Agricutural biotechnology offers an opportunity not only to improve crops in terms of yields and crop quality, but also to reduce a dependency on chemicals in agriculture. There are risks associated with any new technology, and the regulation of transgenic plants reflects a recognition that genetic engineering of plants is no exception. The only truly safe way of regulating an unknown risk is to prohibit all activities giving rise to the risk. Such an approach has not been implemented for the environmental release of genetically engineered plants. The present USDA/APHIS regulatory structure represents a sound risk-based regulation that both fosters technological development and protects the environment against known risks. Release of most transgenic plants is only allowed once the agencies and researchers have established that the release presents no known risk of significant impact to the environment; this is true whether the release is authorized under the permitting system or the notification procedure.
The existing requirements for monitoring environmental releases of plants in small-scale field trials under both the APHIS notification and permitting systems provide an opportunity to monitor for unexpected risks. This monitoring also provides valuable information for subsequent large-scale releases of the plants under test. These monitoring requirements should be applied to initial large-scale environmental releases of a particular transgenic plant in order to evaluate whether new risks are presented by expanded opportunities for environmental interaction.
Finally, the USDA's statutory authority extends only to releases of those genetically engineered plants which could arguably be said to present some risk of release of a plant pest. Therefore, the USDA should be given extended authority to regulate all releases of genetically engineered plants.
(1.)Dick Russel, Miracle or Myth? Is Biotech the Coming Alternative to Chemical Agriculture, or a Clone of the Past?, AMICUS J., Spring 1993, at 20. Calgene's folksy marketing strategy and the title of this piece are referring to Beatrix Potter's classic children's story about the naughty Peter Rabbit and his adventures in Mr. McGregor's vegetable garden. BEATRIX POTTER, THE TALE OF PETER RABBIT (1903).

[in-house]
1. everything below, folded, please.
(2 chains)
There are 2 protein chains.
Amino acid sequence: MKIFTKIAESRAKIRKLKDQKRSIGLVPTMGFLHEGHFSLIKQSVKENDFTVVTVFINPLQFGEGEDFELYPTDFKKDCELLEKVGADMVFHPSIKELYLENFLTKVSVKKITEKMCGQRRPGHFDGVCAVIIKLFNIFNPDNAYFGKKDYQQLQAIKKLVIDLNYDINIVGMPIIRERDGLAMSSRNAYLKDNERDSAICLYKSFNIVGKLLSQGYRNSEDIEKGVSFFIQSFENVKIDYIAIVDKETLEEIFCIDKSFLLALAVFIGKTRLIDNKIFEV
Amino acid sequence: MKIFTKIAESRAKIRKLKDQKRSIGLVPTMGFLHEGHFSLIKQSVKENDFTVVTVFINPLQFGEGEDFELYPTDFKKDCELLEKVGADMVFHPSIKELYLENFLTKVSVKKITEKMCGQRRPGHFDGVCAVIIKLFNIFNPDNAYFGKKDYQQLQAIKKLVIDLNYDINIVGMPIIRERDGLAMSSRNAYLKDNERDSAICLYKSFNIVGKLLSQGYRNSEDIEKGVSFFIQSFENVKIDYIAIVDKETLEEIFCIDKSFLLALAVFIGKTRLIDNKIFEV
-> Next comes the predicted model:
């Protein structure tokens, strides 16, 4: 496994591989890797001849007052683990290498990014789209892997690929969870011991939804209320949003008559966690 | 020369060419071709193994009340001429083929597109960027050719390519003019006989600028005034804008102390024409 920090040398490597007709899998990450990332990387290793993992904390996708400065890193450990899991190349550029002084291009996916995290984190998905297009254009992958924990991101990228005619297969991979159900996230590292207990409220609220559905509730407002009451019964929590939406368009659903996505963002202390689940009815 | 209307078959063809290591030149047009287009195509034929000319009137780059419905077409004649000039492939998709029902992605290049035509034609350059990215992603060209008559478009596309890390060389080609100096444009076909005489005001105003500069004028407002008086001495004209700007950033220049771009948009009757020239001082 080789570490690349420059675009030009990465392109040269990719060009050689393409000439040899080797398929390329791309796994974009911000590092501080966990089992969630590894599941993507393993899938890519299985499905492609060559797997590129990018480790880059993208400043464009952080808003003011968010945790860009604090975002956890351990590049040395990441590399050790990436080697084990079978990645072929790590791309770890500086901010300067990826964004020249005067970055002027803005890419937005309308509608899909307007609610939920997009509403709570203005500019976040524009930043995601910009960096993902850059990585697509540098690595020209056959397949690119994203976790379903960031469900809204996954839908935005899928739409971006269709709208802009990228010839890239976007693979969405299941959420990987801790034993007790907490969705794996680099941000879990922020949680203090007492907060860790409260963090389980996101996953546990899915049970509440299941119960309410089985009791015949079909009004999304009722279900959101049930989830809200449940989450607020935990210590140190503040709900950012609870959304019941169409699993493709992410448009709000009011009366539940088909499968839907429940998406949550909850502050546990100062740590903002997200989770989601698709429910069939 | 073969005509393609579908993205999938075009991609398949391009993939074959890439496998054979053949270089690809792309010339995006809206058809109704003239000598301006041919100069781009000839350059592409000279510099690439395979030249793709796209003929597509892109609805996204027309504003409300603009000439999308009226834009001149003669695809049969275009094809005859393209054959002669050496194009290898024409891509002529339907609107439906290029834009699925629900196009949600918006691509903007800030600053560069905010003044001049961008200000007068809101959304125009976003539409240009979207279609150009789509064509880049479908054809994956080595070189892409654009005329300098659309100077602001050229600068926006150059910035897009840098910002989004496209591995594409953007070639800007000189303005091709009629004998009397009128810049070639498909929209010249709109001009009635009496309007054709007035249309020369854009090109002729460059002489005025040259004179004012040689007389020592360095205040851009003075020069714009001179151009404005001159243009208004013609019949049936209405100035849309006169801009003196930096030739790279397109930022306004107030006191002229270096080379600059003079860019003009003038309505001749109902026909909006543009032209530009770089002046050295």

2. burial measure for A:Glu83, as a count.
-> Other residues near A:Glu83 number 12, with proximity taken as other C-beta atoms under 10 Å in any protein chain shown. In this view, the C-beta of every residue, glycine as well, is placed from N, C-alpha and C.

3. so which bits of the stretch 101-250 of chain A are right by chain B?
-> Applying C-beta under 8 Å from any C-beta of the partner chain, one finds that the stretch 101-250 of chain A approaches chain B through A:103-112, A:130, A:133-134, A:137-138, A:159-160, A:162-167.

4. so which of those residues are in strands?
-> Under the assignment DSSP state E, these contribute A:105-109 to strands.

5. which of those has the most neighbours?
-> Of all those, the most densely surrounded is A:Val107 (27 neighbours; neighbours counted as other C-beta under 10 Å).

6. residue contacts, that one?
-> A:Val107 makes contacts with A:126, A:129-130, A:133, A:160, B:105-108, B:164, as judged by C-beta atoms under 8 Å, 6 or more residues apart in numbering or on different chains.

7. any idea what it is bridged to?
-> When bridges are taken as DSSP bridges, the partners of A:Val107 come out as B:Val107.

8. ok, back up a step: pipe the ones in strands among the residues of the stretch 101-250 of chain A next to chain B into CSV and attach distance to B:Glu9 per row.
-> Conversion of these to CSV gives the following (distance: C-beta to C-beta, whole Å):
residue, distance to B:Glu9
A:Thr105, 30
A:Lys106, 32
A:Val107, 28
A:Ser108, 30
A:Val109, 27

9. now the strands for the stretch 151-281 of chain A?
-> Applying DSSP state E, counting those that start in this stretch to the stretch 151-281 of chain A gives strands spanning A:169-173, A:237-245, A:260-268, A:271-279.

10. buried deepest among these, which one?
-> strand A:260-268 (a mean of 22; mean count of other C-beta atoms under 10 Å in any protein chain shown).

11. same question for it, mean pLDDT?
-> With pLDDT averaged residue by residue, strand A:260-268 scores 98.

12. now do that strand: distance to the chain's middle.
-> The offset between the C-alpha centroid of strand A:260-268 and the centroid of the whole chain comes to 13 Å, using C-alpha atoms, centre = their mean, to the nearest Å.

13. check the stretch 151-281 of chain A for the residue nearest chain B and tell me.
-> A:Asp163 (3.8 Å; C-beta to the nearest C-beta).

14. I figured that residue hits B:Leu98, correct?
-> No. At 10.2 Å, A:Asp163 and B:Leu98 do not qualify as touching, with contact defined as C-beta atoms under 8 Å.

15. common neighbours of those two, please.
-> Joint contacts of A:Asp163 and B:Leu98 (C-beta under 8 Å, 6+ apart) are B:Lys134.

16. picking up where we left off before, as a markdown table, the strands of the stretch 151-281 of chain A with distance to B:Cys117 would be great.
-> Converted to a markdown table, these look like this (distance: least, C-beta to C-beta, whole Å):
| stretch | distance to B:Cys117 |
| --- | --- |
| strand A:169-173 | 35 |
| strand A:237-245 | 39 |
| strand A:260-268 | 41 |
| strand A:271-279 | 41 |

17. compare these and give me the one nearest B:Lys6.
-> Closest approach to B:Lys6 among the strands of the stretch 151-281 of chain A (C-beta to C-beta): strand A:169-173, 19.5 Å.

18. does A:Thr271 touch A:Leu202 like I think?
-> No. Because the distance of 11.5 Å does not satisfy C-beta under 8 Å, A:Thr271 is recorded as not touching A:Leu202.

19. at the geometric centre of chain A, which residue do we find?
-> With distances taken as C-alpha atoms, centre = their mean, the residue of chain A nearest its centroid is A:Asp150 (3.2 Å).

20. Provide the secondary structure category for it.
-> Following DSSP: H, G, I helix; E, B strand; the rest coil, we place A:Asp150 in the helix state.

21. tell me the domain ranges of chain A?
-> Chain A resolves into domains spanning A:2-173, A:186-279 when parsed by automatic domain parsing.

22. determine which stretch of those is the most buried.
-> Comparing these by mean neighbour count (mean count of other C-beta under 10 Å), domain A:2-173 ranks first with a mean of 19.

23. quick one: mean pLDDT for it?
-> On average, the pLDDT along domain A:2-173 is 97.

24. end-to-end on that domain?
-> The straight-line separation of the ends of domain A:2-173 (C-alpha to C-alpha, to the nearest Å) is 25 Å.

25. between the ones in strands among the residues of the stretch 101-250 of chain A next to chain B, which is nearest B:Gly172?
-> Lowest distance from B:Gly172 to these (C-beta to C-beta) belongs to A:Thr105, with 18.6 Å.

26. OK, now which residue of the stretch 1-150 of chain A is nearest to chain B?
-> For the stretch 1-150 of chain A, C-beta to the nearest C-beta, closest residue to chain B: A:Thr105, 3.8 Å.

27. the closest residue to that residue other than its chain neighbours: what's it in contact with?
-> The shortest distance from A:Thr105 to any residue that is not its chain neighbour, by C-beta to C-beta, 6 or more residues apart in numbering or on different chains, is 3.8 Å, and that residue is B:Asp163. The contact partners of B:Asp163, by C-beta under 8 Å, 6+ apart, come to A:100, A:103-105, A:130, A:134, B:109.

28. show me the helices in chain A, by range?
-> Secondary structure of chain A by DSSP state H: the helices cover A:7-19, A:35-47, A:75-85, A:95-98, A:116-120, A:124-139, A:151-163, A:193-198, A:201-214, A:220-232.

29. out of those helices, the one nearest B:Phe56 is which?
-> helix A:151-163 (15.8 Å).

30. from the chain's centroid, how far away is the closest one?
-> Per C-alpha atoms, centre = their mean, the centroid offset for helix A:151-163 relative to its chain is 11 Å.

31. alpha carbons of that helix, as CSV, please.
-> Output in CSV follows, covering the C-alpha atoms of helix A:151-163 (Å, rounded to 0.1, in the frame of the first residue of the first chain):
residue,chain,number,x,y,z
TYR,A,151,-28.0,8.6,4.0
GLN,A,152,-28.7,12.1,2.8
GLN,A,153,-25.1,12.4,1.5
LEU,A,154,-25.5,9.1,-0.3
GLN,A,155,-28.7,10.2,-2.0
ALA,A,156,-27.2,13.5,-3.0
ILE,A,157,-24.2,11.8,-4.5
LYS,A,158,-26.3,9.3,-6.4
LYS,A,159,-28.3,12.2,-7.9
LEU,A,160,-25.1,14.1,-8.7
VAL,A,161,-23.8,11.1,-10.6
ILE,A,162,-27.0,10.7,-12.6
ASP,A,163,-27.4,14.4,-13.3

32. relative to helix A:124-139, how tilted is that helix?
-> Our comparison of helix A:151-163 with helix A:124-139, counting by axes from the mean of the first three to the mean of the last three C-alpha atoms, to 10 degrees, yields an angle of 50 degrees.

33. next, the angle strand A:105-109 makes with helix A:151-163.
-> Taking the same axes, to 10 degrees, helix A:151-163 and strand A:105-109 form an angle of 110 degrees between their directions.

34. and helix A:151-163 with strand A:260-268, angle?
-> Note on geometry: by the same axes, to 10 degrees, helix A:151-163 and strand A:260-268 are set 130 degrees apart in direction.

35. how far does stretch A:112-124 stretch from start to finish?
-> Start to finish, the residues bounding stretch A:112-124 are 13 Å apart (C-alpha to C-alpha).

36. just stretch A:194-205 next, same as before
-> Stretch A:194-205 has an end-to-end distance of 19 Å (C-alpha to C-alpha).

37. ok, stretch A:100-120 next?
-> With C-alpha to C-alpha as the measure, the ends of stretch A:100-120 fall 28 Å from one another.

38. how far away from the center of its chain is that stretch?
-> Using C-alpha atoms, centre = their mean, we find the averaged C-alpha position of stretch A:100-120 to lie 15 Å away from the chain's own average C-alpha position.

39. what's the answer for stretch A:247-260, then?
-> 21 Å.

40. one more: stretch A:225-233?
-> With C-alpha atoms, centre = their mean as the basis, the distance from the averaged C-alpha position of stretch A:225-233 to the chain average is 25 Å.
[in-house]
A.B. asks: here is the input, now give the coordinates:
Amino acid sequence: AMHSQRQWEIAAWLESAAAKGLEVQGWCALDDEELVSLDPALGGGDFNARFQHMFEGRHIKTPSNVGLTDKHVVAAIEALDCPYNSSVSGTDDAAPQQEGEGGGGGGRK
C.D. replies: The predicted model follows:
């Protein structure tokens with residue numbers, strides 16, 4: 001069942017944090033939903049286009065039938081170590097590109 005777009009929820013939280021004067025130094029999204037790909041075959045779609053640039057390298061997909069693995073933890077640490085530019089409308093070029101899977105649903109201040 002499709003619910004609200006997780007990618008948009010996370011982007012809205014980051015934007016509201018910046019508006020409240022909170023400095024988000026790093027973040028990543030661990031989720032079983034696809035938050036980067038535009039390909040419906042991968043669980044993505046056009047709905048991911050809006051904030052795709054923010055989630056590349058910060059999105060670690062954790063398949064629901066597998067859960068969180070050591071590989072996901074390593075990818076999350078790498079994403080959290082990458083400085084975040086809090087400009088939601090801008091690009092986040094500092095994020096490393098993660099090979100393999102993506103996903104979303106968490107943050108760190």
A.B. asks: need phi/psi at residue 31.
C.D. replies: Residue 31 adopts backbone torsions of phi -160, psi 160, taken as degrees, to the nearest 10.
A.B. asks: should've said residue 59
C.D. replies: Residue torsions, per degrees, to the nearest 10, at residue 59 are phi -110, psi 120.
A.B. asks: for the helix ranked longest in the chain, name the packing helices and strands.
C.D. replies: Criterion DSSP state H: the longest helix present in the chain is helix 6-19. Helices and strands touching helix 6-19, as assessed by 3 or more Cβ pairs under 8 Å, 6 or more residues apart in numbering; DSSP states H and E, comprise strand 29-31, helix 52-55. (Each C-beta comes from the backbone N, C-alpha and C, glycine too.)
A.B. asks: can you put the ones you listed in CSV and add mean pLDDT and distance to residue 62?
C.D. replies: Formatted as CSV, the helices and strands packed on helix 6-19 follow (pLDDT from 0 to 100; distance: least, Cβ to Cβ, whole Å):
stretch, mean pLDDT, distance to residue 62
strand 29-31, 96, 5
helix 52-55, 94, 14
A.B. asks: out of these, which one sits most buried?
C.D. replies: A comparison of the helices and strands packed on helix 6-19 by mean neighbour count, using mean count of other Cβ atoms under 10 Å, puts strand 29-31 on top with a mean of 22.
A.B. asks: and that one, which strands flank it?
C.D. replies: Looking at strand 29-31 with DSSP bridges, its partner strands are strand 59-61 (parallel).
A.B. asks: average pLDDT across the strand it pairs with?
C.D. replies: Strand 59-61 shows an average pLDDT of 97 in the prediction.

(2.)Biotechnology is "any technique that uses living microorganisms ... to make or modify products, to improve plants or animals, or to develop microorganisms for specific uses." OFFICE OF TECH. ASSESSMENT, U.S. CONGRESS, COMMERCIAL BIOTECHNOLOGY: AN INTERNATIONAL ANALYSIS 3 (1984). This definition encompasses traditional practices such as brewing, baking, and animal husbandry. Id. Modern biotechnology (referred to in this comment as "biotechnology") encompasses those practices that involve the in vitro manipulation of genetic materials, commonly referred to as genetic engineering.
(3.)The biotechnology industry had $10 billion in product sales and revenues in 1992, an increase of 20% from 1991. G. STEVEN BURRILL & KENNETH B. LEE, BIOTECH 94 LONG-TERM VALUE SHORT-TERM HURDLES viii (1993) (Ernst & Young's Eighth Annual Report on the Biotechnology Industry).
(4.)Russel, supra note 1, at 21 (citing predictions by the Bush administration).
(5.)See generally OFFICE OF TECH. ASSESSMENT, supra note 2, at 61-262; NAT'L BIOTECHNOLOGY POL'Y BD., 1992 NATIONAL BIOTECHNOLOGY POLICY REPORT, reprinted in 12 BIOTECHNOLOGY L. REP. 127 (1993).
(6.)Recombinant DNA is "[t]he hybrid DNA produced by joining pieces of DNA from different organisms together in vitro." OFFICE OF TECH. ASSESSMENT, supra note 2, at 595.